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  • Anonymous

    Posted July 21, 2002

    Scottoline is my new 'favorite' author

    This book was an excellent thriller that kept you guessing until the end. It went in so many different directions that you never knew who the killer was. It also was a good subject and an interesting idea to write a story about. I can't wait to read another one of Scottoline's novels!

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  • Anonymous

    Posted August 13, 2000

    Very enjoyable

    Recorded Books version - narrator (Barbara Rosenblat) very good and I really enjoy the main character, Mary. Enough twists and turns to keep you interested plus a little humor thrown in. Recommended.

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  • Anonymous

    Posted May 8, 2000

    A Good Murder Mystery

    A man frames himself for the murder of his wife. Who's he trying to protect? This is a pretty good murder mystery if you're into that sort of thing. I only read it because I ran out of books again. Not a bad book though, especially for a female author.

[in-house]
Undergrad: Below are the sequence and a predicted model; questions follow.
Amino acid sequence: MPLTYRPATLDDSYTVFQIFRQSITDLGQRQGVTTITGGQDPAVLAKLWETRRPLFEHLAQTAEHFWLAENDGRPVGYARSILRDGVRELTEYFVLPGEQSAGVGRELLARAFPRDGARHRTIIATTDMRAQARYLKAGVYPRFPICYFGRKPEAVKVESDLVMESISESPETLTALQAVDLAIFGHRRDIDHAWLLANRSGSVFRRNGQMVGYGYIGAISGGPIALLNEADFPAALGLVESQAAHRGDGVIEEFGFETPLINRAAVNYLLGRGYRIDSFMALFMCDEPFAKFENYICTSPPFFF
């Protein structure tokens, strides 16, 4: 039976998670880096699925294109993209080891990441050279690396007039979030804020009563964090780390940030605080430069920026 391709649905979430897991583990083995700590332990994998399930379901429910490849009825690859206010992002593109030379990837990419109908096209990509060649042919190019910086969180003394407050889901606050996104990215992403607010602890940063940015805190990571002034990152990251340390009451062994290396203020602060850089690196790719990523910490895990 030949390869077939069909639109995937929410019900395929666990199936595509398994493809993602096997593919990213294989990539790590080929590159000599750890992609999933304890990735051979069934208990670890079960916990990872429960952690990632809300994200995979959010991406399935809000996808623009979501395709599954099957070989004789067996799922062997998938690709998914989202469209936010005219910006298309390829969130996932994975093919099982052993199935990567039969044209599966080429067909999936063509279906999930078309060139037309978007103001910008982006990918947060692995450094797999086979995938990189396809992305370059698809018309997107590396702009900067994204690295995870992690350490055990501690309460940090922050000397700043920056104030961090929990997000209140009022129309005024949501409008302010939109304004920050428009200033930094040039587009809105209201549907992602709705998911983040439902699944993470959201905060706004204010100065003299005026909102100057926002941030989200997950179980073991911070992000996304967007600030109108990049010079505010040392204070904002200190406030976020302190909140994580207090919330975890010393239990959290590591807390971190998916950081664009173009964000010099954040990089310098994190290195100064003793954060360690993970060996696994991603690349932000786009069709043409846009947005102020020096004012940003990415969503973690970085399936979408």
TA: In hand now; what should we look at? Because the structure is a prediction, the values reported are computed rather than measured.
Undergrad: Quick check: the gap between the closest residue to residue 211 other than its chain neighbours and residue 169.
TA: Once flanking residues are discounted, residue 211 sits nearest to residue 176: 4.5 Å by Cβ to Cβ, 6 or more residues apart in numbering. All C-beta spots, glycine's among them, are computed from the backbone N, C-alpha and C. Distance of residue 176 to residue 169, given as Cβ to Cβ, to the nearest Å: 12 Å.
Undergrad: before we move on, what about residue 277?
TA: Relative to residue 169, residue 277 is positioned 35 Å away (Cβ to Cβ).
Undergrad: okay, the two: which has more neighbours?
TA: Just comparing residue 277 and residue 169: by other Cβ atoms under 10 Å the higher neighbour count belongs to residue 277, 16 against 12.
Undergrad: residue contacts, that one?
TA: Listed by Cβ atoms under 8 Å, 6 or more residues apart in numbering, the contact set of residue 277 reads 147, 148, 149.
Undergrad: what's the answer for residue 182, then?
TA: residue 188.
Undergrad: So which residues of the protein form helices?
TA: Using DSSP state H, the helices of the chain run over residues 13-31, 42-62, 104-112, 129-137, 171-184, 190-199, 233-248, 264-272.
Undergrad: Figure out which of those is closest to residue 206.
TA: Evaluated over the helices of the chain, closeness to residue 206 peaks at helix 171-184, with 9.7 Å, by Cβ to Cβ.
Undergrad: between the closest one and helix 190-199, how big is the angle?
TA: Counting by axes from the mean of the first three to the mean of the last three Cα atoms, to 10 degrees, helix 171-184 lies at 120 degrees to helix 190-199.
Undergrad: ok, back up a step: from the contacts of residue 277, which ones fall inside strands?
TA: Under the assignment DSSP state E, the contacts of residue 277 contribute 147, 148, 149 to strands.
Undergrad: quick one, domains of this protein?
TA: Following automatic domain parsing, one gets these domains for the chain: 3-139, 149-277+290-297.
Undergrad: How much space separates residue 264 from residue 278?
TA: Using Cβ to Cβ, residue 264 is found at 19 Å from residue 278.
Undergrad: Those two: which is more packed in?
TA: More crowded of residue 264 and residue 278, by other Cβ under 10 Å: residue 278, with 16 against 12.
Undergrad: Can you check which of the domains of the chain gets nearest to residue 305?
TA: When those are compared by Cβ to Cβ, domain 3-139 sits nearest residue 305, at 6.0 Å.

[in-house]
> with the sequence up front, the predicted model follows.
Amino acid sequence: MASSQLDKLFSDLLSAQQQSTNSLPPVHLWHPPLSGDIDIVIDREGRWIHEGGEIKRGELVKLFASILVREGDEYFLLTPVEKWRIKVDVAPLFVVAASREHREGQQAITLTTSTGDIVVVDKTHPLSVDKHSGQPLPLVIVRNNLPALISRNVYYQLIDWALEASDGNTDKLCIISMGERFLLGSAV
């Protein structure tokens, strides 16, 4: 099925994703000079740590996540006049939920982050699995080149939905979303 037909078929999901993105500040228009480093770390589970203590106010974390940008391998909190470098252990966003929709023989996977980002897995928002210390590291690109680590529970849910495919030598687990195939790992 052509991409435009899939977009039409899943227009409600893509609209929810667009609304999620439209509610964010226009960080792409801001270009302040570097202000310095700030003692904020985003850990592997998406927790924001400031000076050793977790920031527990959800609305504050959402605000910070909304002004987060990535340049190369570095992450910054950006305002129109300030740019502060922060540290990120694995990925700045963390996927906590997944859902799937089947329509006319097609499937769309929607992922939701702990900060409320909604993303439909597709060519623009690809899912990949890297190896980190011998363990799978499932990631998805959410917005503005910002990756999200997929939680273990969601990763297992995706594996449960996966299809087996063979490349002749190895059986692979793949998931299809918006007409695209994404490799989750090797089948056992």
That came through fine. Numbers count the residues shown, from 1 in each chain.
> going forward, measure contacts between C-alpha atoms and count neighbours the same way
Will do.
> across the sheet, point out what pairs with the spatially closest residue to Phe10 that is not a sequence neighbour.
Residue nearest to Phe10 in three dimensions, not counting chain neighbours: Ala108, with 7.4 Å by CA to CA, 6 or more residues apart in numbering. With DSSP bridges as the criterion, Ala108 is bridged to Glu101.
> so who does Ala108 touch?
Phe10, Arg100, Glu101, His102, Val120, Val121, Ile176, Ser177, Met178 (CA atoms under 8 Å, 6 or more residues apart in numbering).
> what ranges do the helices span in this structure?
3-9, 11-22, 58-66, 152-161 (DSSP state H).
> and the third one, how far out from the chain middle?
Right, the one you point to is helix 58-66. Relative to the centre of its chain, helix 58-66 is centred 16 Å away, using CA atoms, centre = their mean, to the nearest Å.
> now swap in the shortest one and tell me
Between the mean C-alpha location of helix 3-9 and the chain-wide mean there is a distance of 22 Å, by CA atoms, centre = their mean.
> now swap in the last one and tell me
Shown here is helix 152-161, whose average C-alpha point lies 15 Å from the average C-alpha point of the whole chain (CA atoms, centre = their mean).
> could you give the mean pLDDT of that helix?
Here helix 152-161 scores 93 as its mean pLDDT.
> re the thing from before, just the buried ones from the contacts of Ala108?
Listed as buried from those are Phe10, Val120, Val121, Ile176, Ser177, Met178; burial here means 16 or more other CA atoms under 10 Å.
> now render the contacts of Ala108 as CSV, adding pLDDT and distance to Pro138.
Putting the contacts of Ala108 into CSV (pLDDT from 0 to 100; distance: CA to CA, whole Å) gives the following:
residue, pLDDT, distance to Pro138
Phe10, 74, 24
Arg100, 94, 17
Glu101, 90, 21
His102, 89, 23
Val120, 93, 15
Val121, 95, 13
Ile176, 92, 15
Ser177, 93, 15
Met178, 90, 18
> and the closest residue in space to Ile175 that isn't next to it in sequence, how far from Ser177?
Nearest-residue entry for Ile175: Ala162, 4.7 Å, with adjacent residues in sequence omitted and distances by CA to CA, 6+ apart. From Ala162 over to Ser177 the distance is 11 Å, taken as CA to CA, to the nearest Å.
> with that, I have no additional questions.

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  • Anonymous

    Posted April 15, 2000

    Just plain boring!

    This book was just plain boring. I kept reading and hoping that I would be surprised at the end but I was'nt.A complete waste of my time.

    0 out of 1 people found this review helpful.

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  • Anonymous

    Posted April 3, 2000

    Poor, boring!

    Couldn't wait to get through with this one. Did not enjoy it at all. Found many editing errors.

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  • Anonymous

    Posted March 28, 2000


    This book was one of her bests!!

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  • Anonymous

    Posted February 18, 2000

    scottoline scores again!!!

    hello, this is the 7th LISA SCOTTOLINE book,and they only keep getting better!A thrill all the way...i am staying up late just to finish the book...I love this book!3 cheers for BENNIE, JUDY, AND MARY, the 3 coolest women lawyers today in fiction..Cant wait for the next one!!!

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  • Anonymous

    Posted September 5, 2011

    No text was provided for this review.

  • Anonymous

    Posted June 20, 2009

    No text was provided for this review.

  • Anonymous

    Posted December 12, 2012

    No text was provided for this review.

  • Anonymous

    Posted March 21, 2014

    No text was provided for this review.